The conveyor belt of storm system after storm system continues today. The Storm Prediction Center has posted a moderate risk for much of Iowa. But depending on where you live, the threat is quite different.
We’re monitoring storms out to the west early this morning as they trace across the area. By the afternoon hours, we should see a redevelopment pattern. Supercells are expected to form, producing tornadoes and very large hail.
This is the primary threat for extreme western Iowa, especially in areas closer to a triple point setting up near northwest Iowa. Along with a modest risk for tornadoes, you can see in the graphic to the right the risk area for large hail today.
As the storms make their way to the east, the severe weather threat is expected to last well into the night. Storms should begin racing across Iowa overnight, shifting the threat to primarily strong, damaging winds.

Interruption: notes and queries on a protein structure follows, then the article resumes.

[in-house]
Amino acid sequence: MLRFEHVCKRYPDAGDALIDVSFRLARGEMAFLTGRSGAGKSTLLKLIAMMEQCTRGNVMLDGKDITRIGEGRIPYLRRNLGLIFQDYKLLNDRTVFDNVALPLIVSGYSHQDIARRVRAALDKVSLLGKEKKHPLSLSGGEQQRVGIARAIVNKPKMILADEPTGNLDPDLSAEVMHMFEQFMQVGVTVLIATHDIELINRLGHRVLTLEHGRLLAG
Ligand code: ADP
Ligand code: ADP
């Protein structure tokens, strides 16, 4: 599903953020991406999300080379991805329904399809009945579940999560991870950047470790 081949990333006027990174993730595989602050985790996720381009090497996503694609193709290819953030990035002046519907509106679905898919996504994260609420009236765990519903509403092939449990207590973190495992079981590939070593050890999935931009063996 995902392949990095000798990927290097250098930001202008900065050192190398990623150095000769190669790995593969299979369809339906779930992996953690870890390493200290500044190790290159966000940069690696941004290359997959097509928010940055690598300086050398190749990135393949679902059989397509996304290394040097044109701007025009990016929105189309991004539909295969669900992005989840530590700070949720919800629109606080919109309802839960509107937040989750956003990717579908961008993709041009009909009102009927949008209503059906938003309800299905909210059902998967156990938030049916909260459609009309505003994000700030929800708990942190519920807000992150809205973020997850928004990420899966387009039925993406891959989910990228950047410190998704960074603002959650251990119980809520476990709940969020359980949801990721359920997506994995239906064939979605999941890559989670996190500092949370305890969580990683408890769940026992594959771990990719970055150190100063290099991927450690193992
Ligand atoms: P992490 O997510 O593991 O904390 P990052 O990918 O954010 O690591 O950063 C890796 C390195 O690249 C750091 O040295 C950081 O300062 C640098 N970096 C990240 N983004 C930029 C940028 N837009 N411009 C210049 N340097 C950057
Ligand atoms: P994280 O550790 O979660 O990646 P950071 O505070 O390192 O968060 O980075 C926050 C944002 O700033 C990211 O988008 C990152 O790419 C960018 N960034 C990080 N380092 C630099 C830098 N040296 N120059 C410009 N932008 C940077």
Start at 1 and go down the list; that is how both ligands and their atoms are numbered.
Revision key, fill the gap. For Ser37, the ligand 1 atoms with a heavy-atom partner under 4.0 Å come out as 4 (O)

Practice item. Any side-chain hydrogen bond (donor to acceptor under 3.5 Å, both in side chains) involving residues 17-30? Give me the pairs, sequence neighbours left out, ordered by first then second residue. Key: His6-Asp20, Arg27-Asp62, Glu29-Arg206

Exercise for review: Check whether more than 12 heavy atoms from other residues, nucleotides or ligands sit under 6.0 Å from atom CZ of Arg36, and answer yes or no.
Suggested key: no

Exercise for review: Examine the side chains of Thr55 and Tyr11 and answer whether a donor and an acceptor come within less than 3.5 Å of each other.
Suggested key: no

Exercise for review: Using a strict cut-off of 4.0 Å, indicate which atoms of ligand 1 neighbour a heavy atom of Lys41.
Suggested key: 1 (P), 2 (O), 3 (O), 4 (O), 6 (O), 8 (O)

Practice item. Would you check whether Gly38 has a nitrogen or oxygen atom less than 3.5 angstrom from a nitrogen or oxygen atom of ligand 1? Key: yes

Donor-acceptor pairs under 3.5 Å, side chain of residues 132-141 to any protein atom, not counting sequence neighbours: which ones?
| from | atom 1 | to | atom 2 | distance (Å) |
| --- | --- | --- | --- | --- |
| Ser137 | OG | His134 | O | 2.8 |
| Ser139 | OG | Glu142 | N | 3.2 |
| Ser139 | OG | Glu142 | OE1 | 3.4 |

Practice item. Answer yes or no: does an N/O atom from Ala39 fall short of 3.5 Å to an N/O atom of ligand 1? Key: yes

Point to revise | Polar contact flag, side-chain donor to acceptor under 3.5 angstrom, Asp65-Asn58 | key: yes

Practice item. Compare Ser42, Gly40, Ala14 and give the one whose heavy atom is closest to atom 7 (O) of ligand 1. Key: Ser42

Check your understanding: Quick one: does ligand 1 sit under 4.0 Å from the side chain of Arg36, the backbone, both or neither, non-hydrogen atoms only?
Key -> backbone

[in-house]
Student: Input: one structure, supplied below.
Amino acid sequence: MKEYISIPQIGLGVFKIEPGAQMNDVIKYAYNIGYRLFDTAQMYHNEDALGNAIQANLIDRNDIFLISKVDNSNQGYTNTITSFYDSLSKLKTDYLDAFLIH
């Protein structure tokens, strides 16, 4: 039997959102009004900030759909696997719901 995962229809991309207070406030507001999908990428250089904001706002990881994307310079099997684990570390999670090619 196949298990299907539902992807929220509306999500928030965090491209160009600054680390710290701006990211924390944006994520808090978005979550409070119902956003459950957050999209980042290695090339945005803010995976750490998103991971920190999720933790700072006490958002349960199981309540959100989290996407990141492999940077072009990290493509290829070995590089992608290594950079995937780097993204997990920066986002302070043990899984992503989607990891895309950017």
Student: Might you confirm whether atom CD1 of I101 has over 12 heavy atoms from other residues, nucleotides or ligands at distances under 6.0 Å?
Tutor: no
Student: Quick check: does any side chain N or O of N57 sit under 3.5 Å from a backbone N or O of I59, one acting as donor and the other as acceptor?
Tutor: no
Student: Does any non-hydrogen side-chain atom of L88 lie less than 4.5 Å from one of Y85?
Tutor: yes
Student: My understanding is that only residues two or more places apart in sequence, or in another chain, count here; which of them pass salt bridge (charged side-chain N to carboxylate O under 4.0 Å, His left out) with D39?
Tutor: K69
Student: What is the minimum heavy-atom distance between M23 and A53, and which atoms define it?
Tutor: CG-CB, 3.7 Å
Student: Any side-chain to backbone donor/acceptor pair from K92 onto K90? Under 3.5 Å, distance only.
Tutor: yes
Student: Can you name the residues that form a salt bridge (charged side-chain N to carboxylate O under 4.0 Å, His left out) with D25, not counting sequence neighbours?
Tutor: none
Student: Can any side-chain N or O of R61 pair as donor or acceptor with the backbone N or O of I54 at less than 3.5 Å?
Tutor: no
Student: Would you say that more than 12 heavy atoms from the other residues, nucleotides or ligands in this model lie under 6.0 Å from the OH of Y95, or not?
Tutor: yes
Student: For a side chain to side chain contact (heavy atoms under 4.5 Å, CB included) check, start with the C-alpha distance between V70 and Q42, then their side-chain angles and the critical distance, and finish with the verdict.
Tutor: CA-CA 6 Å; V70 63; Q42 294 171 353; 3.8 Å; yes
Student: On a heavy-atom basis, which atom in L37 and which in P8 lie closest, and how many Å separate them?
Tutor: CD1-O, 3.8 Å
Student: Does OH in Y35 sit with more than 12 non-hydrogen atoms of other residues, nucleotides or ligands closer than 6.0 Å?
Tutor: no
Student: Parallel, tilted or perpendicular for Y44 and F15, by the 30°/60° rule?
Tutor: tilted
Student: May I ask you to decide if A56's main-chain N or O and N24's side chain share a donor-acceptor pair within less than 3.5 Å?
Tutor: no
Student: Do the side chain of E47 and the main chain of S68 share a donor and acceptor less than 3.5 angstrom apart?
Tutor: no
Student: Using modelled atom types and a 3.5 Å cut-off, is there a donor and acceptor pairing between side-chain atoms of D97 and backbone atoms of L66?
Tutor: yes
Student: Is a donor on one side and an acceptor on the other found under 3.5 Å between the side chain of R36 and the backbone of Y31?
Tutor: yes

Take a look at the graphic to the left, you can see a large part of the state facing the highest risk for a damaging wind event. This is the area of concern that will have to be closely monitored for a long-duration widespread severe weather event.
There is another concern as these storms move through, heavy rain. Already saturated grounds will cause problems in two different ways. One, any storms producing strong winds will have an easier time taking down trees because the ground is soft in many areas after days of rain. And two, heavy rain could produce flash flooding and eventually river flooding in some areas.
All of this will have to be closely monitored throughout the day. We’ll keep an eye on any and all developments throughout the day and bring you the very latest as the storms move through Iowa.